Lamm and Graves, JJ., dissenting.

In Banc. Mandamus by the State of Missouri, on the relation of the Board of Control of the St. Louis School and Museum of Fine Arts, against the City of St. Louis. Alternative writ quashed, and peremptory writ denied.

John F. Lee and Bond, Marshall & Bond, for relator. Charles W. Bates, Benjamin H. Charles, Charles P. Williams, and A. H. Rondebush, for respondent.

GANTT, C. J.

This is an original proceeding in this court to obtain a peremptory writ of mandamus directed to the city of St. Louis, commanding it and its proper officers and agents to draw proper warrants against what is termed the "Art Museum Fund," collected and to be collected under the act of the General Assembly of Missouri of March 7, 1907 (Laws 1907, p. 94), and now in the treasury of said city, upon vouchers of the relator, and to require said city, in fixing its tax rate in the future, to include therein an annual tax of one-fifth of a mill on the dollar for the benefit of relator. The return was made on the day fixed by this court, and a reply to that return was duly filed. Thereupon Hon. Theodore Brace was appointed to take the proofs and make return thereof to this court. In due time the commissioner took and filed his report of the evidence, and exceptions were filed.

Upon the pleadings and evidence the cause was argued and submitted upon full briefs. The petition of the relator is perhaps as succinct a statement of relator's claim as can be made.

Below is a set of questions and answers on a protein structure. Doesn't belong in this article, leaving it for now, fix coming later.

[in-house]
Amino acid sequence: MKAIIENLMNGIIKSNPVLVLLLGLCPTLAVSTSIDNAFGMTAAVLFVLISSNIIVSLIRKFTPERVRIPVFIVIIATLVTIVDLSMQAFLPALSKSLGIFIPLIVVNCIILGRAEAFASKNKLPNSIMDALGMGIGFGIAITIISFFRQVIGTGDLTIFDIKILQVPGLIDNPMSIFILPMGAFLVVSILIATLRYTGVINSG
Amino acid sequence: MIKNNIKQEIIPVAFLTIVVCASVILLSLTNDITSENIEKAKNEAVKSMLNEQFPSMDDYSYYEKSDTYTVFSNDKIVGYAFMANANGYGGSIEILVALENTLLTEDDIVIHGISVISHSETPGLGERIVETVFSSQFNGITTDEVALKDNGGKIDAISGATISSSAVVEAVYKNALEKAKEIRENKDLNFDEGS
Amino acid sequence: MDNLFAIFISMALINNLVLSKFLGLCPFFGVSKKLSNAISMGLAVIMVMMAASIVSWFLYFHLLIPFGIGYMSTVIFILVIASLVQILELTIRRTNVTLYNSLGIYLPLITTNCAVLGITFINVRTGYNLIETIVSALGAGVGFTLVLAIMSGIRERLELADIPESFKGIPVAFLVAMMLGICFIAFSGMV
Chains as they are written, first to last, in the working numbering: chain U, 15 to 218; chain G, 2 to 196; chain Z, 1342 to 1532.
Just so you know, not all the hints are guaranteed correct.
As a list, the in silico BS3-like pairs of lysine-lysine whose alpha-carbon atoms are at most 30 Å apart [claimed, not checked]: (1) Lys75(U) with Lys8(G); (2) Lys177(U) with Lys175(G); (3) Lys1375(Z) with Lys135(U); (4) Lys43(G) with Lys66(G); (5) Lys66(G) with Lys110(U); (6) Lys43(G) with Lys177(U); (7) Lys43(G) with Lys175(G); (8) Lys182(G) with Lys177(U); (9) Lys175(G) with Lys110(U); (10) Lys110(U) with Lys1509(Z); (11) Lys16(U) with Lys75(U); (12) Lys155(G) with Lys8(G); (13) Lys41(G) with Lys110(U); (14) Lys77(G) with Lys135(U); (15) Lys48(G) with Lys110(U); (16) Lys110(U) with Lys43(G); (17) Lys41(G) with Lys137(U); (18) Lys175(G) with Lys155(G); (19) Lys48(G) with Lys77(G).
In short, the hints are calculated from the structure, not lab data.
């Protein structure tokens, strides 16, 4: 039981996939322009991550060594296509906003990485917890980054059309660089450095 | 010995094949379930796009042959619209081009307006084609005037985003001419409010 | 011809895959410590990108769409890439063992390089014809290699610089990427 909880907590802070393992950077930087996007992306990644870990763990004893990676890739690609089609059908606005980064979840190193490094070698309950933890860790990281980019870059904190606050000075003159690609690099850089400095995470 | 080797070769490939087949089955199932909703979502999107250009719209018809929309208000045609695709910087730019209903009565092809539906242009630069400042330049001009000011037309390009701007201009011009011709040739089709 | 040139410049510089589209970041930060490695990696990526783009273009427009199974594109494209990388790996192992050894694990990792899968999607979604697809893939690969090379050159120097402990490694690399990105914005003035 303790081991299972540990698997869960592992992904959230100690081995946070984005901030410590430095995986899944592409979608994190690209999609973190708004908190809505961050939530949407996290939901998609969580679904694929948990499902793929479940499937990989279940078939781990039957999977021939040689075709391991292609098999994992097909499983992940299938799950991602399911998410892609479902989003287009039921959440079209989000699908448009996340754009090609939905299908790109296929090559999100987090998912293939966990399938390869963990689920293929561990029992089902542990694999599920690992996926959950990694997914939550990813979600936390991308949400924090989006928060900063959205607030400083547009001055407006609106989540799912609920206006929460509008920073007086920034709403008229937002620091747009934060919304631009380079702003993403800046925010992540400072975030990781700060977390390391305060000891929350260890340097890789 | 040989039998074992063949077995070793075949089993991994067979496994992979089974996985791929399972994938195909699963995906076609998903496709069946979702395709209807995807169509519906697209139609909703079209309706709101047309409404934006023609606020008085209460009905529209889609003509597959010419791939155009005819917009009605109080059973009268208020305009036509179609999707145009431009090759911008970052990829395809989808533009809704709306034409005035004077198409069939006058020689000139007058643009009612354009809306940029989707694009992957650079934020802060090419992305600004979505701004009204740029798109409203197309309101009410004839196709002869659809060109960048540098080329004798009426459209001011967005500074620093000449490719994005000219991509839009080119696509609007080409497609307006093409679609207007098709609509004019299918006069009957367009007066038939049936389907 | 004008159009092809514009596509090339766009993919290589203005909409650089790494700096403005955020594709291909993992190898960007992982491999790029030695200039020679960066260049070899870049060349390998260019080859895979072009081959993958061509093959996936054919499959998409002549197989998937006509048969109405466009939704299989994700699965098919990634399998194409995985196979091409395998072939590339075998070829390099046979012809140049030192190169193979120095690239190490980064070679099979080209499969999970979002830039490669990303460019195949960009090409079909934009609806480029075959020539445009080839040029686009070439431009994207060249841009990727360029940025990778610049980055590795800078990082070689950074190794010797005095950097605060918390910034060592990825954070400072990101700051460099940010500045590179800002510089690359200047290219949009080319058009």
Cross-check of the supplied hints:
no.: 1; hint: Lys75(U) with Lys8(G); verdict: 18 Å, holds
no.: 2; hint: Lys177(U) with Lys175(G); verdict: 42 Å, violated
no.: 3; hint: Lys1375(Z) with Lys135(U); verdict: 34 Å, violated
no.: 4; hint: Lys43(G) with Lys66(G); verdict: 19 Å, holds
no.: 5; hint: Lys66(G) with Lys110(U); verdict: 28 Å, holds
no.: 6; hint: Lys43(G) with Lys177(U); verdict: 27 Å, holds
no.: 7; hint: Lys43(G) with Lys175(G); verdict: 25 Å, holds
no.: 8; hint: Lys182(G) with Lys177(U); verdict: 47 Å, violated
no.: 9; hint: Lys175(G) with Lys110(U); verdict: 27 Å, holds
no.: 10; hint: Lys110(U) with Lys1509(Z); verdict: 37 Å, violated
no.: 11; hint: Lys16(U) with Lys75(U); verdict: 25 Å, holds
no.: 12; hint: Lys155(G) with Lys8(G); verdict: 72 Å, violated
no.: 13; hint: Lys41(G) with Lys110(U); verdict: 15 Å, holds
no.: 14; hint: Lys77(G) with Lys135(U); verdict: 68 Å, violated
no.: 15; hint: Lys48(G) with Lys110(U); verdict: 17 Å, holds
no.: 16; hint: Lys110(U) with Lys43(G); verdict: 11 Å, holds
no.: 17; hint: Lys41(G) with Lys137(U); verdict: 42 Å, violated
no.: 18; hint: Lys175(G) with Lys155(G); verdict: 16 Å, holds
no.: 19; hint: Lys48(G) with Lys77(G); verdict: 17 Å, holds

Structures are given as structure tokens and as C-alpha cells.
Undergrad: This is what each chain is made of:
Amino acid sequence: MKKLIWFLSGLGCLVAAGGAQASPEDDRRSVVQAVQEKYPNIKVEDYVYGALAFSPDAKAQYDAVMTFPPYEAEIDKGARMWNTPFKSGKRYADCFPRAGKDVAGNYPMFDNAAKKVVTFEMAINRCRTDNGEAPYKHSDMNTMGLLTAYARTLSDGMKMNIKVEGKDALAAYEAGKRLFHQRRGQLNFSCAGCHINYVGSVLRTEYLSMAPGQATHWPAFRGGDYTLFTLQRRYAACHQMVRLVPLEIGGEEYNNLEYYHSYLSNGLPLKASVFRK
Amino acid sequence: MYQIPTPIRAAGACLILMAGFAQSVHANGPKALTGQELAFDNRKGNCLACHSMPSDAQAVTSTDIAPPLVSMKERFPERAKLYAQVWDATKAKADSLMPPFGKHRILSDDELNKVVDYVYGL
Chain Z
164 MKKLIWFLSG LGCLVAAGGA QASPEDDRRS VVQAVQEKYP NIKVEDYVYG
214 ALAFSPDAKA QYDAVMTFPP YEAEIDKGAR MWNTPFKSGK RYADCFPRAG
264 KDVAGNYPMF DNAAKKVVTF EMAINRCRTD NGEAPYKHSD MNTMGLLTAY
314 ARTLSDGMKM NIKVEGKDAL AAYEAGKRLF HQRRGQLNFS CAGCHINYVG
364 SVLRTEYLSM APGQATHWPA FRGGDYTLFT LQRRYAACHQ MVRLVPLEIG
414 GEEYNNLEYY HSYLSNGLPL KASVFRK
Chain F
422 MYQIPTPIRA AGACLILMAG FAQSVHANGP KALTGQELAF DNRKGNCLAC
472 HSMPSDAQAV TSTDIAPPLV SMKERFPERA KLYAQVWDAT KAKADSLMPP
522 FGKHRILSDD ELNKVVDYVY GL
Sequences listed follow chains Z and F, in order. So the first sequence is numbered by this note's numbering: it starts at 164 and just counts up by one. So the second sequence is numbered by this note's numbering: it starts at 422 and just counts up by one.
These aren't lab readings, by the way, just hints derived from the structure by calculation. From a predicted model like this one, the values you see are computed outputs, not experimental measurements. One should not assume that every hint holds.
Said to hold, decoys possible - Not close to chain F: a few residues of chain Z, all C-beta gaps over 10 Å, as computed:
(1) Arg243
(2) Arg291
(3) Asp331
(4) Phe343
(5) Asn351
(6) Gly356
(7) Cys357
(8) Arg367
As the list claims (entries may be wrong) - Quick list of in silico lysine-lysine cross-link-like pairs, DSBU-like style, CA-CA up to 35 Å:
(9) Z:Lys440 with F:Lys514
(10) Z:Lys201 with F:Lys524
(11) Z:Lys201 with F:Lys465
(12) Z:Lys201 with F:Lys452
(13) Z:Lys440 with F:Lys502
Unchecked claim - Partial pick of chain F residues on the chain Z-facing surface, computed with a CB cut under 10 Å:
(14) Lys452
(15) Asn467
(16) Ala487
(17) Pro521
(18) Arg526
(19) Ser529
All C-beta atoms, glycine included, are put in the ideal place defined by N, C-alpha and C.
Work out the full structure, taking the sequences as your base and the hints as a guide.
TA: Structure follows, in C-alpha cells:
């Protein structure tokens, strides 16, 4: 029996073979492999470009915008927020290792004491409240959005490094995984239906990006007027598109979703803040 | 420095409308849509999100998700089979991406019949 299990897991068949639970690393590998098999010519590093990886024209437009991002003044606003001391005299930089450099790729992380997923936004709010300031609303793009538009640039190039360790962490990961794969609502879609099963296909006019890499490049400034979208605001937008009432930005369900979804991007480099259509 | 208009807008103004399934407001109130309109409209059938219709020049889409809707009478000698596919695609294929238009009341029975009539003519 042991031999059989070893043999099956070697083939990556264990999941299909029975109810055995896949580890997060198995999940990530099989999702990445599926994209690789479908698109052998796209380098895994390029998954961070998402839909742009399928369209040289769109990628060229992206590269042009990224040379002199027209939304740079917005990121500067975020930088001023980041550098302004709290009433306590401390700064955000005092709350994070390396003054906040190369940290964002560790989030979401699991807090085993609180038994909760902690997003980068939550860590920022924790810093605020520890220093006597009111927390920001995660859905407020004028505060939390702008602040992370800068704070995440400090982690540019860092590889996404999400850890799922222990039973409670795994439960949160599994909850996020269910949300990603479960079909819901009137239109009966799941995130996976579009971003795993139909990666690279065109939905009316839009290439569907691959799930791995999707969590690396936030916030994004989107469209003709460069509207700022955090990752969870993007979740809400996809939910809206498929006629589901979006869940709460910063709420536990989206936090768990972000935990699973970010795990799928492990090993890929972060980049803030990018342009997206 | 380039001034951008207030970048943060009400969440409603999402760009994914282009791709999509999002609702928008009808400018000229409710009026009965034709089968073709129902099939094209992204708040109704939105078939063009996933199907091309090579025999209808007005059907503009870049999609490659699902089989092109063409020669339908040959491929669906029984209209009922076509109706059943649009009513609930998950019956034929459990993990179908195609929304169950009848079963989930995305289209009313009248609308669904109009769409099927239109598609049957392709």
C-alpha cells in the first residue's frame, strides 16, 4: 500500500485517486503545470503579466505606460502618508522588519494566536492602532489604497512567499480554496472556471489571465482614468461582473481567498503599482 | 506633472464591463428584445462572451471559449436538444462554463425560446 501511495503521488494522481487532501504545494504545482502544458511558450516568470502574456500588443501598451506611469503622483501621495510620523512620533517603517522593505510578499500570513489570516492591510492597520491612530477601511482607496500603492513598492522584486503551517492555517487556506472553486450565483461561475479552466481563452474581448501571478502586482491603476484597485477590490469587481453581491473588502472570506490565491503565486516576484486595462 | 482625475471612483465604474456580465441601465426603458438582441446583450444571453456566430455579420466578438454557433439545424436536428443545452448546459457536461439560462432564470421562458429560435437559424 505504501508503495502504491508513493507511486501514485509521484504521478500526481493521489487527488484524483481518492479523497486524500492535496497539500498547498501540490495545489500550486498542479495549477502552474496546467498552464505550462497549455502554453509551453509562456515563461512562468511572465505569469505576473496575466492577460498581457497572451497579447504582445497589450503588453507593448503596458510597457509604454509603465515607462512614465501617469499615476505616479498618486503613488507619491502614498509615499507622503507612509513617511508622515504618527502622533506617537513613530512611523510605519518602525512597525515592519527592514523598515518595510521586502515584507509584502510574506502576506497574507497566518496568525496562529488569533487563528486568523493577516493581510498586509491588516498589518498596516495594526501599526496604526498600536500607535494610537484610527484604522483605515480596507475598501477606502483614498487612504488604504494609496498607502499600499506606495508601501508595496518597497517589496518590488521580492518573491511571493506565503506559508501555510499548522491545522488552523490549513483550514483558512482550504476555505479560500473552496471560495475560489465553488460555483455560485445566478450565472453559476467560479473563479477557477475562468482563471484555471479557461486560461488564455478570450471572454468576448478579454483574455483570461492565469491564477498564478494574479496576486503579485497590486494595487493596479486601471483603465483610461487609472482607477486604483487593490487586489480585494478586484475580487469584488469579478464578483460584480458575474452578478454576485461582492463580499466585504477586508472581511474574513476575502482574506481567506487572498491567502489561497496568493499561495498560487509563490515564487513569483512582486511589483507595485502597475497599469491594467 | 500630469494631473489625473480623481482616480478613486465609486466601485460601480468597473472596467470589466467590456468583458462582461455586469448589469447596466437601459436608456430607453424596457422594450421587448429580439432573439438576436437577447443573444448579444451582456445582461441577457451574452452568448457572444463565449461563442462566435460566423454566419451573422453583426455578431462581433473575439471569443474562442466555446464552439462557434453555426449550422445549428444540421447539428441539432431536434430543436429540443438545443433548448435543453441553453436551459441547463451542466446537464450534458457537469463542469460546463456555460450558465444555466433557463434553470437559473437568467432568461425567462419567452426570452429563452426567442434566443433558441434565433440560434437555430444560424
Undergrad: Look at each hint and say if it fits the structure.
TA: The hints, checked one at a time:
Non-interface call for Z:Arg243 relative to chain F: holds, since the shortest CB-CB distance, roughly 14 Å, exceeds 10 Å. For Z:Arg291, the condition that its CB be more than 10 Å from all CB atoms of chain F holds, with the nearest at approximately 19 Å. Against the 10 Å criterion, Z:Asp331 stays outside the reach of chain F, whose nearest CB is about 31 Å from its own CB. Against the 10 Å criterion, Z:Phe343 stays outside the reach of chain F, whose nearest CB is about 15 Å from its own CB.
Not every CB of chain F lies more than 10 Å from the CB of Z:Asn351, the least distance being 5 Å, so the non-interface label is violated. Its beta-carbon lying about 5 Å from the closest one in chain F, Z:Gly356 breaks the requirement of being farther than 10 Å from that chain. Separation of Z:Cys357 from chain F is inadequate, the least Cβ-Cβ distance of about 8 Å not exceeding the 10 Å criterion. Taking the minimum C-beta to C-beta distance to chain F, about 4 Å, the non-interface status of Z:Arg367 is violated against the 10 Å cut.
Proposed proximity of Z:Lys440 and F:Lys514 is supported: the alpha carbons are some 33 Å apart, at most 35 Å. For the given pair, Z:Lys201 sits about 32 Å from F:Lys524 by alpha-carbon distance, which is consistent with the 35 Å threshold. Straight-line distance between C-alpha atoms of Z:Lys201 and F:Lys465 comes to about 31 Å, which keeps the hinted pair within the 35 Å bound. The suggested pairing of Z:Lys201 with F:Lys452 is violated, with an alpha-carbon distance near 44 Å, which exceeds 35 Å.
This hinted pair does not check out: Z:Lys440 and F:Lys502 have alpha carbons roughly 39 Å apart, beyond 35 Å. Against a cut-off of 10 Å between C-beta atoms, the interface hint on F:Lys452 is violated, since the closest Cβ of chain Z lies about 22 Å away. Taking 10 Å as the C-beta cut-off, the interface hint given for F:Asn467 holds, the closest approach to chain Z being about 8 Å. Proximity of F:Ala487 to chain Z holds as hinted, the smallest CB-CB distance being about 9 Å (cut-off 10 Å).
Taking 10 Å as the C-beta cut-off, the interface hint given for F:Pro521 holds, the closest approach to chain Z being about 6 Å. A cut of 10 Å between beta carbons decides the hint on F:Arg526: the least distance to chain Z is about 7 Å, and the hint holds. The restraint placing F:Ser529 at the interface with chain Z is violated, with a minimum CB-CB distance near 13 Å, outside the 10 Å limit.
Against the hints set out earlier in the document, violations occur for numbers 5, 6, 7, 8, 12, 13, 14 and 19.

It alleges, in substance: That the St. Louis School and Museum of Fine Arts was established about the year 1874, and had continuously been maintained and conducted as a voluntary association, supported by private contributions and endowments. That in the year 1879, Wayman Crow erected, at Nineteenth and Locust streets in said city, at his own cost, a museum building valued at $143,000, and conveyed the same in trust, with the right of relator to use the same upon condition that $25,000 be raised as an endowment fund. That said condition was complied with, and the income from said sum has been used for the support of "such institution." That other endowments have since been added, until on March 13, 1900, there was used and employed in and about said business and the educational features thereof property of the value of $1,250,000. That prior to March 13, 1900, said School and Museum of Fine Arts was largely conducted and operated as a public and free educational institution, and all of the revenues derived in any manner therefrom were used, devoted, and employed for the maintenance and support of said School and Museum of Fine Arts, and none of them were or are used for profit or gain. That on March 13, 1900, the respondent city passed Ordinance 19,969, entitled "An ordinance authorizing the erection in Forest Park of a building to be devoted to the purposes of art education." That section 1 of said ordinance provided that the Board of Control of said School and Museum of Fine Arts were authorized to erect within Forest Park a building which, together with the site upon which it is located, shall be devoted to the use of the institution forever, for the exhibition of pictures and sculpture, etc. That section 2 provided that the location of said building should be determined by said Board of Control. That section 3 provided that said building should be erected subject to the conditions and provisions that when completed the building should be the property of the city for the uses hereinafter provided, and no other. That "the building and its affairs shall be under the direction and jurisdiction of the Board of Control of the School and Museum of Fine Arts, augmented by the mayor, comptroller, and park commissioner of the city of St. Louis, who shall be ex-officio members of such Board of Control of said building." That there should be an exhibition of pictures and sculpture in said building Sunday afternoons from 1 o'clock to sundown, "and such exhibition shall be opened free to the public as much oftener as in the opinion of the board of control the financial condition of the institution will permit. That relator accepted the provisions of said ordinance and said Board of Control was thereafter organized as required by the ordinance, with the addition of the mayor, comptroller, and park commissioner. That the relator selected as the location a certain place in said park now known as "Art Hill," and that when relator was about to begin the erection of such building the respondent authorized the Louisiana Purchase Exposition Company to use a large part of Forest Park, including the site so selected by relator, for the St. Louis World's Fair. That a part of the arrangement between said exposition company and the respondent provided that after the fair the buildings erected therefor should be removed by the exposition company, and the park restored to its former condition. That among the buildings erected by the exposition company was what is commonly known as the "Art Building," which was erected upon the site selected by the relator for said museum building, and was constructed in a substantial, durable and fireproof manner, so as to safeguard the valuable works of art that were contributed, loaned, and used at said World's Fair. That said building, erected at a cost of between $750,000 and $1,000,000, is of great value and appropriate for use by relator as a school and museum of fine arts as contemplated by Ordinance 19,969. That pursuant to said arrangement with the city the exposition company has removed all of the buildings erected by it, except said Art Building, but that instead of removing it the exposition company, by and with...